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The Half Double Crochet Thermal stitch is a very thick stitch with lots of texture. Learn how to crochet it quickly, easily, and perfectly with this tutorial which has a video included.
Whether you are a beginner crocheter or more advanced, when crocheting a potholder or hot pad it’s very important to remember to have a thick crochet square to make sure you don’t burn yourself. And if you ask my hubby I’m burning myself way too much. LOL So I need extra protection when I clean, cook or bake. I’m surprised I haven’t hurt myself crocheting yet.
This stitch is ideal for washcloths, hot pads, potholders, and of course bag bottoms. For kitchen and bathroom projects, I always use cotton or linen yarn. I even made a potholder using a version of this stitch, which used single crochet stitches, and cotton yarn.
Table of contents
- The Ultimate Guide to Crocheting the Thermal Stitch
- How to Crochet the Half Double Crochet Stitch – Video Tutorial
- Half Double Crochet Thermal Stitch – Written Tutorial
Without any further ado let’s get right into the nitty and gritty of this beautiful and detailed stitch.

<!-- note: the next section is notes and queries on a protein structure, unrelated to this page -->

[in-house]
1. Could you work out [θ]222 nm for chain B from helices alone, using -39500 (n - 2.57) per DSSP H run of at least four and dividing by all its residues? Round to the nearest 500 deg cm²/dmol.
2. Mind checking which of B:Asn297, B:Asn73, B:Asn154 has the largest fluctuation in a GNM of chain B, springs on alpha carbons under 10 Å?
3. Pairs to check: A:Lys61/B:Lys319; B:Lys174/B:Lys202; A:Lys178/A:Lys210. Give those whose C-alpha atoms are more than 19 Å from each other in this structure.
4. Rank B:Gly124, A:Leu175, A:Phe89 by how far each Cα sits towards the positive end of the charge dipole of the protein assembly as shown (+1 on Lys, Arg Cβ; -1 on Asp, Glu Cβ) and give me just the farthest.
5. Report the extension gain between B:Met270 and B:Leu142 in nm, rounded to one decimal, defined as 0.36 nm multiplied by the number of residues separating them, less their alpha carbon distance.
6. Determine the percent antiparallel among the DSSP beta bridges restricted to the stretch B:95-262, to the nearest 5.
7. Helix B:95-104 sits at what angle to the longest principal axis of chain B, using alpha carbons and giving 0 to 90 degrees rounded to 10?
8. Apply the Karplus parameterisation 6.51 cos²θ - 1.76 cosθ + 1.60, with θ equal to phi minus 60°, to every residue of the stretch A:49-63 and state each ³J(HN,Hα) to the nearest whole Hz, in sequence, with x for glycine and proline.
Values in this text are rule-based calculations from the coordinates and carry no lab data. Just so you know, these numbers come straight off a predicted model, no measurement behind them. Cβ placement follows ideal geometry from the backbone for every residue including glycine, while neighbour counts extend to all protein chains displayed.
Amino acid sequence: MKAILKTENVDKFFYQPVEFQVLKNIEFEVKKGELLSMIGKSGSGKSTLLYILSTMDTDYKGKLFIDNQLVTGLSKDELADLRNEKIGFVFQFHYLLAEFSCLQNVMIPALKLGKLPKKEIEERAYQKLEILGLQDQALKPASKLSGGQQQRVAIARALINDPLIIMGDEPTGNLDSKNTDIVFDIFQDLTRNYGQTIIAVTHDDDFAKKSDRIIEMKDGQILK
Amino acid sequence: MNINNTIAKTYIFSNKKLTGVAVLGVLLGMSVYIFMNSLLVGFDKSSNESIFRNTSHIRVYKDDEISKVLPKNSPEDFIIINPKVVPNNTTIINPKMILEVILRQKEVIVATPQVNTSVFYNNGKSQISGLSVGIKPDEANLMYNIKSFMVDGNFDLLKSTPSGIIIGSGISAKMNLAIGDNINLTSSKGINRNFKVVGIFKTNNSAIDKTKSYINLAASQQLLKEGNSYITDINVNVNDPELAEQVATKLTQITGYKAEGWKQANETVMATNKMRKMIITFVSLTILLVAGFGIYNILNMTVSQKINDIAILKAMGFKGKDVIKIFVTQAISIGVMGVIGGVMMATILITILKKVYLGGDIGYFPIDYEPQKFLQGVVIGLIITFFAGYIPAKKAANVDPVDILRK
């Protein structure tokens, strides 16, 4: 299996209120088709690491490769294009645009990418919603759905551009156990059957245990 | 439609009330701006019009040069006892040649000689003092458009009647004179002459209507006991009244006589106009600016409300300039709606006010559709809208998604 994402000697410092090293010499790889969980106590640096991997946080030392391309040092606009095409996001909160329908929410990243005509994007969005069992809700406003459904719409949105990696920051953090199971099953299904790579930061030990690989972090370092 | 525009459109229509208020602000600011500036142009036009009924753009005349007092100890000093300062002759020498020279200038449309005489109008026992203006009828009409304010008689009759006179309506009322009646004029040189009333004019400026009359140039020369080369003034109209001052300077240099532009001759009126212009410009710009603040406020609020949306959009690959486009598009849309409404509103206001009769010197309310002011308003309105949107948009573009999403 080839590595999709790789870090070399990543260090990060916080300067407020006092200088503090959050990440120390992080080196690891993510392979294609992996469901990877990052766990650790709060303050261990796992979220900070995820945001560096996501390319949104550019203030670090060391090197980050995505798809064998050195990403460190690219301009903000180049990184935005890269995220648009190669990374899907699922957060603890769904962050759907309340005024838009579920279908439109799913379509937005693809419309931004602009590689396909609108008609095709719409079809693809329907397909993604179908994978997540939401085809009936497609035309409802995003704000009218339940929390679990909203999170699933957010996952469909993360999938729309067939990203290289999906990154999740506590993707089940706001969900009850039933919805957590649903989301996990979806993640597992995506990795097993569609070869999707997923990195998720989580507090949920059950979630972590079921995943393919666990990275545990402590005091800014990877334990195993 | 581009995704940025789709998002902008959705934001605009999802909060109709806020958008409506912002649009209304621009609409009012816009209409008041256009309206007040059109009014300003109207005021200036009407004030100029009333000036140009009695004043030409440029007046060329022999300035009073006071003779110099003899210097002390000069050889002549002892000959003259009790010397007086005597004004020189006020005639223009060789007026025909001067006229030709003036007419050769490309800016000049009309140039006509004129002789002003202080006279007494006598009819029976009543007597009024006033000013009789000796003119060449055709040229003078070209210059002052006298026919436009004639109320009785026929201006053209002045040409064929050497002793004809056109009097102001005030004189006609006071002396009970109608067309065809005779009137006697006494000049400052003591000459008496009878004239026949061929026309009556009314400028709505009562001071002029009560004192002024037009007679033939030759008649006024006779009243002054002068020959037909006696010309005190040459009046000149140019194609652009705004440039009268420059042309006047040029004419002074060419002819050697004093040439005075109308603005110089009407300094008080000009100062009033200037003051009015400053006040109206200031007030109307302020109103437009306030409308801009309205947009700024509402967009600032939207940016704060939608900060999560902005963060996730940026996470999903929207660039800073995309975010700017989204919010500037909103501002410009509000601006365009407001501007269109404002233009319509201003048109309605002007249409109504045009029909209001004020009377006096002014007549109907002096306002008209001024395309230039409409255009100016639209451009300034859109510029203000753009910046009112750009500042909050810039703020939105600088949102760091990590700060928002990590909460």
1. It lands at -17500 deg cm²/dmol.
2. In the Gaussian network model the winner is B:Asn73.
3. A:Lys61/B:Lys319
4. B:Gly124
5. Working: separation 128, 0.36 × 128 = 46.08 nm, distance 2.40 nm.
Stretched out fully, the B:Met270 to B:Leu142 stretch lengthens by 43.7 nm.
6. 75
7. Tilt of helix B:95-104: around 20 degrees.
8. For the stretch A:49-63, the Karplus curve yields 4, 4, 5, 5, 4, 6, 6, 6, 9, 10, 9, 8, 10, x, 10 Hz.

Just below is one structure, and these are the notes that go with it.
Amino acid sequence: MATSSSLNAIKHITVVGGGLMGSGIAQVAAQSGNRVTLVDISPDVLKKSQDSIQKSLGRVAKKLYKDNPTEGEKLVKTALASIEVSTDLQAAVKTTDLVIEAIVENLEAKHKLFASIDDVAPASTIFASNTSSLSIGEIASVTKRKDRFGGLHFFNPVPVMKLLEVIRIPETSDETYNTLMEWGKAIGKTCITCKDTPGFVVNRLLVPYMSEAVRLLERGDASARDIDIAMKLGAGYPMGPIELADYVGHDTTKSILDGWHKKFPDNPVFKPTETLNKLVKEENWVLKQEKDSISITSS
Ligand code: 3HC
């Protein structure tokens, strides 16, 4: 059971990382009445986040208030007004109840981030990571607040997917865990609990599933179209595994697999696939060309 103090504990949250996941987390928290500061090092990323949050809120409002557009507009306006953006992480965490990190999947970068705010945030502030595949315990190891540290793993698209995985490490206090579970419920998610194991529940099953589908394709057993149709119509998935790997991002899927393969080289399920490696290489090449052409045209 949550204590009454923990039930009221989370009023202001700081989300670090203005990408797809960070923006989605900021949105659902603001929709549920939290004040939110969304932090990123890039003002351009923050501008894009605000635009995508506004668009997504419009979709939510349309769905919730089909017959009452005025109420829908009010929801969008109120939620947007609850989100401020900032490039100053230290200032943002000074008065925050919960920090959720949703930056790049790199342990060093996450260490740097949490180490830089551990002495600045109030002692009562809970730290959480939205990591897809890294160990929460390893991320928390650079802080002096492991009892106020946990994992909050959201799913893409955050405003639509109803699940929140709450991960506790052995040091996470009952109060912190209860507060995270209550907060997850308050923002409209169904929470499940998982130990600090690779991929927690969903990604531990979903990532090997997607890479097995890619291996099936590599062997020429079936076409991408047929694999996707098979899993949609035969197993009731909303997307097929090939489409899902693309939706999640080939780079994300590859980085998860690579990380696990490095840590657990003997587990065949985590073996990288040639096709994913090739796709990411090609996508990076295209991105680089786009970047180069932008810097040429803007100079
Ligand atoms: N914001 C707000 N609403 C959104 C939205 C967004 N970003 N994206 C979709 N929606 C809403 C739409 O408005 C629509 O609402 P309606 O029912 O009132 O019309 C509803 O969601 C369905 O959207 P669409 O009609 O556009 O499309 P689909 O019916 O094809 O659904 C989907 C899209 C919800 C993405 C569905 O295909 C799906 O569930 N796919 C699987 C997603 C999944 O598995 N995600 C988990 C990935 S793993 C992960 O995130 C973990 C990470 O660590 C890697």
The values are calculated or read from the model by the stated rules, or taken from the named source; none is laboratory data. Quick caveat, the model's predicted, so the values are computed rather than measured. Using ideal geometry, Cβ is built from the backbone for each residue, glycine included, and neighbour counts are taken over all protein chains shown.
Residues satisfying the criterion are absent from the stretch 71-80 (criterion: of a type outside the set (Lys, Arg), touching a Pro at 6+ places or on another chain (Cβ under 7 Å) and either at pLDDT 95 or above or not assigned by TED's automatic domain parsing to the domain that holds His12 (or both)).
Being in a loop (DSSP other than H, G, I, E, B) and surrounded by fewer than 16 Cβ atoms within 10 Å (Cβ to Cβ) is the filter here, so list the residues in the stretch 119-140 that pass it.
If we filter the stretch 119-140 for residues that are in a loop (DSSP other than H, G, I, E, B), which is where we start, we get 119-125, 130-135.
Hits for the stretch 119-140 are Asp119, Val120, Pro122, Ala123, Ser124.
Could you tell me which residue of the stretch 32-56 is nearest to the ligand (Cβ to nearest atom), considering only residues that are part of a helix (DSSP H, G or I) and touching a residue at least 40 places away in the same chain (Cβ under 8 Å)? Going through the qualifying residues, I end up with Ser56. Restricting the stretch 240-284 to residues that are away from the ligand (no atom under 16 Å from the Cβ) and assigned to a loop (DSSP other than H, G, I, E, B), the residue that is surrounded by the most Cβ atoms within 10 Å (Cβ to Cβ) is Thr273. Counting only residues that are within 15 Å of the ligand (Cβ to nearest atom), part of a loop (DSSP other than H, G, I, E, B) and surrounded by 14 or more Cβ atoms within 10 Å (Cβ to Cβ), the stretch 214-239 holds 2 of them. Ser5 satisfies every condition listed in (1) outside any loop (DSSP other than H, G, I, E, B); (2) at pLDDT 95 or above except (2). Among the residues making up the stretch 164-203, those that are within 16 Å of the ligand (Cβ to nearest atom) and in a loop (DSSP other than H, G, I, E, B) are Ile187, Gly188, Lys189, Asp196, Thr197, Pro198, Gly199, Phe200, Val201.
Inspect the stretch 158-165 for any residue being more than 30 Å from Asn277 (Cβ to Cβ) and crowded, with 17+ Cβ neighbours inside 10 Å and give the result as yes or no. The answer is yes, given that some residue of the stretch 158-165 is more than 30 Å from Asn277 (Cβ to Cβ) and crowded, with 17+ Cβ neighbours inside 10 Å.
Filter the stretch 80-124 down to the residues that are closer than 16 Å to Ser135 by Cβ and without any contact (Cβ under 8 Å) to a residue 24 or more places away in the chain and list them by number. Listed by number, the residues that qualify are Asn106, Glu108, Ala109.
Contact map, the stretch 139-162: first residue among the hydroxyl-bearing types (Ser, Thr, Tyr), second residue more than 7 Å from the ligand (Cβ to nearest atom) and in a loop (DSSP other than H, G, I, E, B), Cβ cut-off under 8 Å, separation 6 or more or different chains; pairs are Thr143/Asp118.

The Ultimate Guide to Crocheting the Thermal Stitch
The Thermal Stitch in general is a special kind of technique to crochet basic crochet stitches into a thicker texture and therefore create a new look than they normally would. The most important difference is where the stitch is placed and how many rows you can crochet with this technique per distance. In fact, you are crocheting only half a row in height using the thermal stitch versus the basic crochet stitch crocheted normally.
So that means you can crochet this stitch using any basic crochet stitches. I have a single crochet thermal stitch tutorial as well as a double crochet thermal stitch tutorial. Check out all three and see the difference.
How do you crochet a half double crochet thermal stitch in the round?
You can easily crochet the thermal stitch in rounds, just like you normally would for any other stitch. You will connect your first and last stitch with a slip stitch for the foundation rounds.
However, you will not need to crochet it in normal rounds, but rather in rows and simply connected in rows. To make it easier I prefer crocheting it in rows and then sewing the sides together to make it into a round-looking project.